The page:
It is therefore a general object of the present invention to provide a method and apparatus for data compression.
It is a specific object of the invention to provide a method and apparatus for lossy compression of digital data involving quantization of de-correlated data and encoding at a minimum bit rate, such as to achieve the highest quality reconstruction for a pre-determined compressed data size.
It is another specific object of the invention to provide a method and apparatus for lossy compression of digital data comprising any sequence of numbers, representing time series data, multi-dimensional spatial array data, or a combination thereof.
It is still another specific object of the invention to increase the compressibility of images used in graphic arts electronic pre-press applications by increasing the compression ratios at which visual artifacts first become objectionable.
It is a feature of the invention that the method can be simply implemented.
It is another feature of the invention that coding of the bit stream can be embedded within the processing sequence associated with the method.
In the present invention, a new technique of quantization is employed, hereinafter referred to as Mapping through Interval Refinement (MIR). This method can be summarized as follows. First, the size of the original data set, together with a target compression ratio, is used to determine the size of a compressed data set representing the original data set, thereby determining a "bit budget" for the compressed data. The original data set is then de-correlated using a (reversible) transform such as the DCT or discrete wavelet transform, yielding a set of de-correlated coefficients. The size of this de-correlated data set is the same as that of the original data set.
Data compression occurs as a result of the quantization and encoding steps. In the MIR method of the invention, the de-correlated coefficients are sorted in reverse order of significance (from most significant to least significant), and then written to an output data set, using an efficient entropy encoding method which incrementally "refines" (i.e., increases the precision of) those coefficients already output. The process continues until the size of the output data set reaches the pre-determined bit budget. The method therefore assures that the maximum number and highest precision of coefficients are saved for a given output data set size, and that coefficients to be discarded are discarded beginning with the least significant and in increasing order of significance.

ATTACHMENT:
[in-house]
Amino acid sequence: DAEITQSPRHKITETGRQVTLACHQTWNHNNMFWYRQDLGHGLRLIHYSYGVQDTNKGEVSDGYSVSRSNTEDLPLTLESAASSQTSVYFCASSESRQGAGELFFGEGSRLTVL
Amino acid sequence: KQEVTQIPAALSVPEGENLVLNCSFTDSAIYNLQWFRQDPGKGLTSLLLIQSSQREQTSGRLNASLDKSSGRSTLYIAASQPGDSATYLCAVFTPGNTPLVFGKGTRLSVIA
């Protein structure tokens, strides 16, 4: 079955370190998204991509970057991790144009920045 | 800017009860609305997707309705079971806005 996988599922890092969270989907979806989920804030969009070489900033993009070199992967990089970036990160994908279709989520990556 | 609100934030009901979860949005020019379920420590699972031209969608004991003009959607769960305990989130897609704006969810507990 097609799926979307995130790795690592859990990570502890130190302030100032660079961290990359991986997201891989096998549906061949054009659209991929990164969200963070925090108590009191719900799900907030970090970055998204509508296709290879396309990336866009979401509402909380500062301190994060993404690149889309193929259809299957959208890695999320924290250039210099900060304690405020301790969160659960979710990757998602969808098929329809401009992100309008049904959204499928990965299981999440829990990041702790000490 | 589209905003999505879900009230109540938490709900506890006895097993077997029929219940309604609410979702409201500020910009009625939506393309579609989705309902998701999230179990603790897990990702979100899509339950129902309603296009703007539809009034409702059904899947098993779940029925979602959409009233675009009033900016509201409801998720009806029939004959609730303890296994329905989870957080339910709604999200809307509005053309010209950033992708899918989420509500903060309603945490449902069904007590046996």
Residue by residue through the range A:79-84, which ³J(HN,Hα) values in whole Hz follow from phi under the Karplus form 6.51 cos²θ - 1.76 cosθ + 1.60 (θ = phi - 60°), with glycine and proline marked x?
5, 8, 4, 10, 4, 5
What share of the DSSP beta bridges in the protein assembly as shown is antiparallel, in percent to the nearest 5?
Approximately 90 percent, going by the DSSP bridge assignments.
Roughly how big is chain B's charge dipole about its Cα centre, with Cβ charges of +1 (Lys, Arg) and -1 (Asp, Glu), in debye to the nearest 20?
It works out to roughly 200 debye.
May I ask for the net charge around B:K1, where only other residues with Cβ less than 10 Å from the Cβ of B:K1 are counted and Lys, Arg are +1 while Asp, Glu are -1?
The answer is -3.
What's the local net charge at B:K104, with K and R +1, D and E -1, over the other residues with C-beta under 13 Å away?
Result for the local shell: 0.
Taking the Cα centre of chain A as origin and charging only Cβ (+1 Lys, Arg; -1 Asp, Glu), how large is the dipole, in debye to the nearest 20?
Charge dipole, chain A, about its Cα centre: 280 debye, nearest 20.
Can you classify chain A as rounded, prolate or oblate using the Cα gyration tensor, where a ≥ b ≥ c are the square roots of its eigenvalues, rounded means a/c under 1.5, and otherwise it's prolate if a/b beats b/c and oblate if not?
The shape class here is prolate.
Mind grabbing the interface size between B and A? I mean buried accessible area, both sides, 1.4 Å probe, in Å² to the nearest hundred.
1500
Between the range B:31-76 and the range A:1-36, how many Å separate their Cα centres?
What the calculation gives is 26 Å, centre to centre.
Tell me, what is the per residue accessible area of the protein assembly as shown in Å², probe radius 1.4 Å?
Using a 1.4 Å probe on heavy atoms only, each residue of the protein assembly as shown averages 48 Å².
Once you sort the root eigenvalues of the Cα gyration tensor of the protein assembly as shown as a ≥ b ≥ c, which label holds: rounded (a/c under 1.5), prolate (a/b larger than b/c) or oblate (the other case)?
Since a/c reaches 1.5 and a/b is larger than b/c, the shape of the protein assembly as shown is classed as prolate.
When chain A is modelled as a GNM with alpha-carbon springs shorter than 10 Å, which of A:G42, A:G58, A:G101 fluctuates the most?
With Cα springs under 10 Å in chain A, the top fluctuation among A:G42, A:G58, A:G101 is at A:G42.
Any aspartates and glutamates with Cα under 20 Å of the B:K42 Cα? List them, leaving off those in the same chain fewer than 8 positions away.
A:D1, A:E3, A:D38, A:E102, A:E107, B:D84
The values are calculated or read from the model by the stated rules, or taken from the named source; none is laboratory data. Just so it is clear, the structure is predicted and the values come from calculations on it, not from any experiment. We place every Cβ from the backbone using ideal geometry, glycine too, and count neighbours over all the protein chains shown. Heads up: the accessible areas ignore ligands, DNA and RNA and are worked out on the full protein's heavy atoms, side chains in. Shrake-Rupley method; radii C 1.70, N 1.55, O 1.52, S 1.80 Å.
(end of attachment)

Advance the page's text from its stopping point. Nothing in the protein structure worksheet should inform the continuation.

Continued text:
The reconstruction process is the reverse of that described above. The compressed data set is read in and the coefficients are restored to their proper locations in the data sequence, with zero values inserted for those coefficients discarded in the compression process. This set of coefficients is then transformed using the inverse transform corresponding to that used in the compression process.
The method can be applied to any sequence of numbers, representing time series data such as speech, music, etc., or two dimensional data such as image pixel data, given only that the entire data set is initially available for processing. Images processed by the method can be monochrome or color with an arbitrary number of color planes, each color being processed as an independent data set. They can be still images, motion pictures, or video images with data sets spanning both image pixel array dimensions and time.
Applications for the method include apparatus for data acquisition wherein data compression improves processing throughput and storage. In the graphic arts electronic pre-press field, these include digital scanners and digital cameras.
The method can also be used in apparatus for buffering of otherwise cumbersome datasets. In the graphic arts electronic pre-press field, these include image data stores such as CD-ROMs and disk buffers used for image processing prior to output to a printer or film recorder. Other applications include network transmission of speech, music or image data, including compressed video images.